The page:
Did you know?
Even quasars can be picked up by the Southern African Large Telescope.
The reason the Southern African Large Telescope (SALT) was erected outside the town of Sutherland, some 370km from Cape Town, is because it is one of a handful of locations in the world that is ideal for stargazing.
Its remoteness, elevation (2 000 metres above sea level), the cold and the absence of light pollution, ensure clear, cloudless skies essential for research.
Tourists who visit SALT during the day can book a guided tour of the interpretive visitor centre and a selection of the research telescopes, including SALT, located on an elevated plateau overlooking a vast expanse of the Karoo.
And while the SALT facility is closed to the public at night, visitors can experience the thrill of astronomy by booking a stargazing session at the visitor centre where two dedicated visitor telescopes, a 16″ Meade and 14″ Celestron, are located.
Nobody is allowed to drive up to the dome facilities on the plateau at night as astronomy research is light sensitive and that's when local and international scientists are at work.
The stargazing session lasts about 90 minutes, but may be cancelled due to inclement weather conditions. Booking is essential.
SALT is an extraordinary international collaboration and has put South Africa at the forefront of 21st century scientific exploration. Such is its magnification that it can see the light of a candle on the moon.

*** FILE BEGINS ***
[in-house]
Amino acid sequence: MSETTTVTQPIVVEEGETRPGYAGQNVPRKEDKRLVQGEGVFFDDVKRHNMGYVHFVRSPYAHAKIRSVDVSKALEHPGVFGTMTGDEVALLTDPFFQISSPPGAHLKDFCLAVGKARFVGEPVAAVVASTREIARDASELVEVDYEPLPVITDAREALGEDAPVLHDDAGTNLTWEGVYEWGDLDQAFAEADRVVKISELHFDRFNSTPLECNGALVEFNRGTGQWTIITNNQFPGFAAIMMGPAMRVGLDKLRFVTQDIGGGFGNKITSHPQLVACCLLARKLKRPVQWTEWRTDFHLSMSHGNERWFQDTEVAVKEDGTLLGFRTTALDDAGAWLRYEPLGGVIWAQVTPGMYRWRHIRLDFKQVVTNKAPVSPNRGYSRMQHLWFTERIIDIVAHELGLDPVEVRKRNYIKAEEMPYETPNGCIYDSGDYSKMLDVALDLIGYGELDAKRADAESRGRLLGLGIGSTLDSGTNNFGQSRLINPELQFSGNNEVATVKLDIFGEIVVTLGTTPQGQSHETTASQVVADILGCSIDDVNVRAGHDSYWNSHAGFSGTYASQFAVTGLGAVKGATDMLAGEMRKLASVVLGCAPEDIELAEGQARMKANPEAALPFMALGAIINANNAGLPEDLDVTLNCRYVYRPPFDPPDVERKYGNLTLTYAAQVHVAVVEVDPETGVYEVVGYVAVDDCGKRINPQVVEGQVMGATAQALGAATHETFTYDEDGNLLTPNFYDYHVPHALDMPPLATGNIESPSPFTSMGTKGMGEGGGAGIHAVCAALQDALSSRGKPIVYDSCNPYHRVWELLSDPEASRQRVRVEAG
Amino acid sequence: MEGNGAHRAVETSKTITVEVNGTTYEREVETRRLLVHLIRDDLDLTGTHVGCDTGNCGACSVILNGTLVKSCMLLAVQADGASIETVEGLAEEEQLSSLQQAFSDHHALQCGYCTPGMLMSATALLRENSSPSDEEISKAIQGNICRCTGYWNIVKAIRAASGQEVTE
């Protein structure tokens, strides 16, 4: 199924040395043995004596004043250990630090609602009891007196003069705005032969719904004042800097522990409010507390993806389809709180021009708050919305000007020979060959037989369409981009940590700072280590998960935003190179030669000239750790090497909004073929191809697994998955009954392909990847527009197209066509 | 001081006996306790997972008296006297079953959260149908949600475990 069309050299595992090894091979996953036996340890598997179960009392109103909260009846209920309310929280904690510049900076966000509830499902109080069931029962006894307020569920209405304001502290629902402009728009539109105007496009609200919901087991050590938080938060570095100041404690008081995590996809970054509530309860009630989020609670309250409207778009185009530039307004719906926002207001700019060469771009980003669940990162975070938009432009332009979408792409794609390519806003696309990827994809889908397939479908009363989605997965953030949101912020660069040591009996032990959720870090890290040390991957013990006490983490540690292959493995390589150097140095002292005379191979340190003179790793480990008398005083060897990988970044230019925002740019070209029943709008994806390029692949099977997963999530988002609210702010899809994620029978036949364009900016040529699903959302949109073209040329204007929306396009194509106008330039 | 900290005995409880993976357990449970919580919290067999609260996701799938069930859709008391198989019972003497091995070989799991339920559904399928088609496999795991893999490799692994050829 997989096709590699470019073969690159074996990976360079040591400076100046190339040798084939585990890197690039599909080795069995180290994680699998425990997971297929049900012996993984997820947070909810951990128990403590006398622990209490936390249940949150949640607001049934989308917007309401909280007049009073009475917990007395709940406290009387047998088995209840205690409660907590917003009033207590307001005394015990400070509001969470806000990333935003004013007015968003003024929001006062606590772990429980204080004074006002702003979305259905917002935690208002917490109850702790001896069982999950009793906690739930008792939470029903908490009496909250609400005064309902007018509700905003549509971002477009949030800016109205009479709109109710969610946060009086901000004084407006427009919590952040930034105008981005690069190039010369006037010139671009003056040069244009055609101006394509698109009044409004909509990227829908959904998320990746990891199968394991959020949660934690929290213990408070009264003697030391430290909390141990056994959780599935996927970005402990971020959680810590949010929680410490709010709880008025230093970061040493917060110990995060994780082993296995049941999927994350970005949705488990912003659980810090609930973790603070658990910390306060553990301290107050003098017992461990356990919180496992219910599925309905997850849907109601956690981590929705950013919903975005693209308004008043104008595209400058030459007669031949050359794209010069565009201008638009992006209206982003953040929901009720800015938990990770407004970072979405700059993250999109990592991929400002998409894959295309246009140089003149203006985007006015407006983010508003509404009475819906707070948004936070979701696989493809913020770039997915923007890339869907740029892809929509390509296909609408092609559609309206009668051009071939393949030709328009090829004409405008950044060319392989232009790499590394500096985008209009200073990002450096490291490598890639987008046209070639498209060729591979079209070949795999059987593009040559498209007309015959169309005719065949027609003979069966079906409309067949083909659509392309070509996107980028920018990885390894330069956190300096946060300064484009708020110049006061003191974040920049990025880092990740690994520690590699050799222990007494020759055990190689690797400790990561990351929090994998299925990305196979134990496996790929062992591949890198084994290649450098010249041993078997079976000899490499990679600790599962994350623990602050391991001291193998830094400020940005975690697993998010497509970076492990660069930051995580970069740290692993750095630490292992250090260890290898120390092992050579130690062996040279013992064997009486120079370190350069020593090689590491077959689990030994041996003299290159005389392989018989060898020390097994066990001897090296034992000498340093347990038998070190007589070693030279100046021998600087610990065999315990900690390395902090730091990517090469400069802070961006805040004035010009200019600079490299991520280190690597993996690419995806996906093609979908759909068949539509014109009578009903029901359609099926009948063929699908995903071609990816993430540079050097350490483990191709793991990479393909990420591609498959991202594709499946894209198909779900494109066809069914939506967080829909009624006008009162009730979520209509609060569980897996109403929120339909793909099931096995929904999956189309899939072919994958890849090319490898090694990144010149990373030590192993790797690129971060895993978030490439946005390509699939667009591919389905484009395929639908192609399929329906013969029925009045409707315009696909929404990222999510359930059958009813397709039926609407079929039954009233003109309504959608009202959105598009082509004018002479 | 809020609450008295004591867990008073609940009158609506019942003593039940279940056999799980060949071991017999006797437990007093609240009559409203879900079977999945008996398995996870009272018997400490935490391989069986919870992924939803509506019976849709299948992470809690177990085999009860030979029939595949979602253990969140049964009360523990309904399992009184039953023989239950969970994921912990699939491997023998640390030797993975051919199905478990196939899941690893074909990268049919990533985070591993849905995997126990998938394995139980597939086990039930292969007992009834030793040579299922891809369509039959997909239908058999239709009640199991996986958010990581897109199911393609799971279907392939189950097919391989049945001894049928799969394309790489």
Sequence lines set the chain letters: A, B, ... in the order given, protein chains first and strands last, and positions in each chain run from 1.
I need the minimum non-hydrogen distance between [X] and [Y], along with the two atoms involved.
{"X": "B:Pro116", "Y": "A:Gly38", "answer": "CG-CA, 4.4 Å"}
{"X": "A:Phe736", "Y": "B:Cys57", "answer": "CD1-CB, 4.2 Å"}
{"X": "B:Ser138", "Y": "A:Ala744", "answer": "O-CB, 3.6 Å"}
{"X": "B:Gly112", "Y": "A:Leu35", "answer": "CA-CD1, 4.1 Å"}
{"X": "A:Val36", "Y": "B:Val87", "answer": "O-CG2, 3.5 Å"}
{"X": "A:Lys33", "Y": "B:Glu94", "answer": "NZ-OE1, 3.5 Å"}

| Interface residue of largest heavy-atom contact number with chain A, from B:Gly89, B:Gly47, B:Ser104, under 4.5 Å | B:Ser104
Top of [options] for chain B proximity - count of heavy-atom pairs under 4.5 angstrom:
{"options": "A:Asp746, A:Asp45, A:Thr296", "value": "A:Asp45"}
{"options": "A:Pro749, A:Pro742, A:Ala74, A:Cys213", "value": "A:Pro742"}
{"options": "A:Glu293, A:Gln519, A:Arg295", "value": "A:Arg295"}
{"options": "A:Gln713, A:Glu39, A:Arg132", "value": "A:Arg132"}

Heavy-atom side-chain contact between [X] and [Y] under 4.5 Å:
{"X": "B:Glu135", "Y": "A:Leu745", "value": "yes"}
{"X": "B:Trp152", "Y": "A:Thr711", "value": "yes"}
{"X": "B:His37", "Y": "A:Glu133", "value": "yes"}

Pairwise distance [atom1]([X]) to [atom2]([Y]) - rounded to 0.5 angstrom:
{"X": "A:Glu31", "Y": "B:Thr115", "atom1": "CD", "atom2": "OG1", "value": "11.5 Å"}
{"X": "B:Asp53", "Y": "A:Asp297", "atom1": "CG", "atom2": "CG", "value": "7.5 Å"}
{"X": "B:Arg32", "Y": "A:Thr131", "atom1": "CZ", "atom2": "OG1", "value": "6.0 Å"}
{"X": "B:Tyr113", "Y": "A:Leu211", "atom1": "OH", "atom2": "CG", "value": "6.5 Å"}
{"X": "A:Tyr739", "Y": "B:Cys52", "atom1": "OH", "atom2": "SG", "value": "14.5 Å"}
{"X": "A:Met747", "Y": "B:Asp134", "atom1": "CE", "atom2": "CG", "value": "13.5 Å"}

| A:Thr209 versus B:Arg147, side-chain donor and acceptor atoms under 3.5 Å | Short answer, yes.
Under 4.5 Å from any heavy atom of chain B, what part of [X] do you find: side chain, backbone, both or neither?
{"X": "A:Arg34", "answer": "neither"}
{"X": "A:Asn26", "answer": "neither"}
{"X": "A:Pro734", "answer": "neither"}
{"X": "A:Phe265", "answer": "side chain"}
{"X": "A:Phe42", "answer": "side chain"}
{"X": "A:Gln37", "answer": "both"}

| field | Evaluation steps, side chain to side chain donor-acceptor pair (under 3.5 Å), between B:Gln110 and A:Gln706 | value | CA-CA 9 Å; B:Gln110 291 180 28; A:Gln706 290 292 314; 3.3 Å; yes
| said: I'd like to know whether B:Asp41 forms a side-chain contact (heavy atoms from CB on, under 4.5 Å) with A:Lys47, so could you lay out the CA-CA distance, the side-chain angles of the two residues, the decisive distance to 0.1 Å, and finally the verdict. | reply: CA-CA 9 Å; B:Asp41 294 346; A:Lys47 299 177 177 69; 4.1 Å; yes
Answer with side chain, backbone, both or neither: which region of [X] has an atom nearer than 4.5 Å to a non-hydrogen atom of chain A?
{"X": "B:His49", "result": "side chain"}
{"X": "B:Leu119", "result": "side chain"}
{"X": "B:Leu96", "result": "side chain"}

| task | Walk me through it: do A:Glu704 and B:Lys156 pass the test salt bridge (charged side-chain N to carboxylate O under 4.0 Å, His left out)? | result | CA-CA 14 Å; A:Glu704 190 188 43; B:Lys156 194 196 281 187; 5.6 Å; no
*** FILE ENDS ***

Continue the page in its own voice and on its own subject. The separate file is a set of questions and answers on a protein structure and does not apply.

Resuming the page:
One of the first light images taken by SALT was of 47 Tucanae, an ancient cluster of several million stars about 15 000 light-years from earth. The stars are 10 to 12 billion years old and among the oldest stars in our Milky Way galaxy, which makes them the perfect laboratory for the study of the life, birth, and death of stars.
Astrophysicists are currently unable to explain about 96% of the universe, notably dark matter and dark energy, and they believe images and information gathered from SALT may trigger a revolution more dramatic than the leap from Newtonian to quantum physics.
SALT will assist them to look deeper and more clearly into the dark heart of time and tackle unsolved questions about the universe and our place in it. This means giant leaps for not just those who make it to Mars, but for the whole of humankind.
It is managed by the South Africa Astronomical Observatory (SAAO).